Disaster planning under strain

Museums and heritage bodies are reassessing their emergency plans following this winter’s severe floods
Patrick Steel
The floods that hit the UK recently were so severe that even careful disaster planning could not prevent damage to museum buildings and, in some cases, objects.

The big question for museums in affected areas, says John Roles, the director of Leeds Museums and Galleries, is whether it will be a once-in-a-century event, or become commonplace.

Emergency planning meant that only objects that could cope with being submerged were on the ground floor of Leeds Industrial Museum, one of nine venues managed by Leeds Museums and Galleries. But with flood water up to eight feet high, the highest level since 1866, “there wasn’t a lot that anyone could do but wait for the waters to subside and then try and tackle the aftermath”, says Roles.

It was a similar story at Lancaster Maritime Museum, where the flood waters reached two feet high. The museum’s emergency plan puts personal safety first, so staff were limited to assessing the damage and were only able to move any object near the water to safety. Power networks were down for 48 hours following the flood.

One object from the collection, a rag rug, was damaged and is now with the conservation team. The museum shop was also flooded and will need to be refitted. The museum is now revisiting its emergency plan, says a spokeswoman, because the level of flooding was unprecedented.

Tullie House Museum & Art Gallery, in Cumbria, escaped the worst of the weather after learning from similar events in 2005, 2006 and 2009, says director Andrew Mackay. When the power went down during the recent floods, the museum had a back-up generator powering its lights and alarms. There are some things that are beyond the scope of a museum’s emergency plan though, with several staff who lived locally made homeless by the floods.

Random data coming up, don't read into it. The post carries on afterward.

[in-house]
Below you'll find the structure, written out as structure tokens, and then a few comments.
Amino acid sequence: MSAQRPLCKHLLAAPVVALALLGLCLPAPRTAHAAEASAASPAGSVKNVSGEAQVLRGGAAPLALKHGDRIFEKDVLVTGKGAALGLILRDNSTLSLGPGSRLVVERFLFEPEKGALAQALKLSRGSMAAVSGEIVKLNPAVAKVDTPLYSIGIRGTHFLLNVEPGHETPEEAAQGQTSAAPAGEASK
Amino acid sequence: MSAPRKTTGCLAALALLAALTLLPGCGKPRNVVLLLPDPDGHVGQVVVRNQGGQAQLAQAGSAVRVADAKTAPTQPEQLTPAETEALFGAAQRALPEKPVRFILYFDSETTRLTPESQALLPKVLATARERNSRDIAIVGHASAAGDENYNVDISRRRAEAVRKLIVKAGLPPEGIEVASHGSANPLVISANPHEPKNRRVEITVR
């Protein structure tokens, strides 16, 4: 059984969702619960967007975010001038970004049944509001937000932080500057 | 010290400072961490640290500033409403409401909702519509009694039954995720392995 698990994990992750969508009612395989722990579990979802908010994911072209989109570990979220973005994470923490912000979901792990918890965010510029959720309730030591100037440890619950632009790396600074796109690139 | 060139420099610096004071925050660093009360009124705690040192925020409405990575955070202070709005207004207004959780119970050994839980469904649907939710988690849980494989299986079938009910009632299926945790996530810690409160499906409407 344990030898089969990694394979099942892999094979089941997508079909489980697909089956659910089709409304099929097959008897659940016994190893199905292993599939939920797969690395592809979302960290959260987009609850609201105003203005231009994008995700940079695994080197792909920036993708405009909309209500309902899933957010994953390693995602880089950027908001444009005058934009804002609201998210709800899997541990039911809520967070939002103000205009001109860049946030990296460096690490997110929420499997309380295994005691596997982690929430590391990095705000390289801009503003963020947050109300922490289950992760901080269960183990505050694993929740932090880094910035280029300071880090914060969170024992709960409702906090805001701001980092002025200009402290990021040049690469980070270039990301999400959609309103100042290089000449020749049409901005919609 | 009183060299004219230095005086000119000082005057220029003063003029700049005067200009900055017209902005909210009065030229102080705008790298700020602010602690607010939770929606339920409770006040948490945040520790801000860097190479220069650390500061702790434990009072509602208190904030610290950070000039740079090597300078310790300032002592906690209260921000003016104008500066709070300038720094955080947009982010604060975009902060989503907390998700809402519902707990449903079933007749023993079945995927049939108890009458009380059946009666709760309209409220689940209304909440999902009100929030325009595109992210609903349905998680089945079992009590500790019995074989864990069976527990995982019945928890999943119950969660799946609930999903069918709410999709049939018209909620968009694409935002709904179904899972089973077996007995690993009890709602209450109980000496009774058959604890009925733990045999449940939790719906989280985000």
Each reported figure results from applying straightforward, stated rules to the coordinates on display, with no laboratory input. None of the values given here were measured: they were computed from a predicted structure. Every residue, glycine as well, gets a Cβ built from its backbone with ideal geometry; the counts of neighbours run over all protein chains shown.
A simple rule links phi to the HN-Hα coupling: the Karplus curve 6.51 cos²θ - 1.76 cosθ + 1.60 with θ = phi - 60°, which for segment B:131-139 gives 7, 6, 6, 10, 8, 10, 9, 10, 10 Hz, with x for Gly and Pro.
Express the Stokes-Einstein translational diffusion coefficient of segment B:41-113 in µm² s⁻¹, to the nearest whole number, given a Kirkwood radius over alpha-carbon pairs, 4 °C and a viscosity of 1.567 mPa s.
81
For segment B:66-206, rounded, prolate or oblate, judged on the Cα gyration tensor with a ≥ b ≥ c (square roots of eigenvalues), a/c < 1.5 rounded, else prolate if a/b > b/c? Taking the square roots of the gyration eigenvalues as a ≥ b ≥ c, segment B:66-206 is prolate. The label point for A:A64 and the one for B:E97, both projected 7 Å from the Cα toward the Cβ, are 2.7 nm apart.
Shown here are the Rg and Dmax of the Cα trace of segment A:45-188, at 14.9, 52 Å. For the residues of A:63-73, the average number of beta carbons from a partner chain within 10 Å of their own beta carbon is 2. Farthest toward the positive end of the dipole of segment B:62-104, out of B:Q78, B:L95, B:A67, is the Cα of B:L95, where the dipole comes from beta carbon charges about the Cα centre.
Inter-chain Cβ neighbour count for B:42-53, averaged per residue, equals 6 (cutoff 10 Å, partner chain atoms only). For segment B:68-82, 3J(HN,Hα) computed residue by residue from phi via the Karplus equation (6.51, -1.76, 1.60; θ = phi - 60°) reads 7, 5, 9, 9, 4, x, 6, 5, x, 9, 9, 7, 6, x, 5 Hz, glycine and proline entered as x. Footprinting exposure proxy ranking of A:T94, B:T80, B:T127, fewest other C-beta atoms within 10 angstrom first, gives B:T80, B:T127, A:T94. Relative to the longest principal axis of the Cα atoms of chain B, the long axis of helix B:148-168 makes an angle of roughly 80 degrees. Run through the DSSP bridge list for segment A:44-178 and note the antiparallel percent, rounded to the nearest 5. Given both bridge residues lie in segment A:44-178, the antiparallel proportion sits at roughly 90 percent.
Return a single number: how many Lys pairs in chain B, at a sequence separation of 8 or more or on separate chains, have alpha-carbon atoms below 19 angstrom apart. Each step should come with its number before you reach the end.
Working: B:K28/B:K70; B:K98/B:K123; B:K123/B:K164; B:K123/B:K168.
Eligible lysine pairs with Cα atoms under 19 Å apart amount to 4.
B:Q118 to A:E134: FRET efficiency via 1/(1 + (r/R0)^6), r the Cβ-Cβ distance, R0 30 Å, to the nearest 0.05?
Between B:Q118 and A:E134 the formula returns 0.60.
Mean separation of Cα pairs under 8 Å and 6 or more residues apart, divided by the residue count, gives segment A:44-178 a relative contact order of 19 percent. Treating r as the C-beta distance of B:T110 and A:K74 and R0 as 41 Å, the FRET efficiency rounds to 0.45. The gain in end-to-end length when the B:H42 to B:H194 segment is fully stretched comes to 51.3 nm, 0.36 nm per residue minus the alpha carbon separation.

Tyne & Wear Archives & Museums (Twam) was affected by leaks and minor flooding, but emergency procedures meant that collections were not affected and there was no significant damage to the buildings. Twam suffered badly in 2012, when a month’s worth of rain fell in the space of a few hours. Following this, it revisited its disaster plan and introduced compulsory emergency response training for all staff and special emergency equipment bins at each venue.

In Scotland, Aberdeenshire was particularly badly hit by the floods. National Trust for Scotland (NTS) properties Drum Castle and Mar Lodge Estate suffered damage, with the former temporarily closed last month.

The NTS is in the middle of a £155,000 project to improve its emergency planning, says the organisation’s assistant director for the south, Nat Edwards. The NTS is training more than 200 key staff, as well as creating information leaflets with emergency instructions for employees.

Edwards’ advice to any museum, gallery or heritage site that is thinking of drawing up an emergency plan is not to wait. If you don’t have a plan then write one, he says, but remember that it is only useful when the people that will be carrying it out are confident enough to use it.

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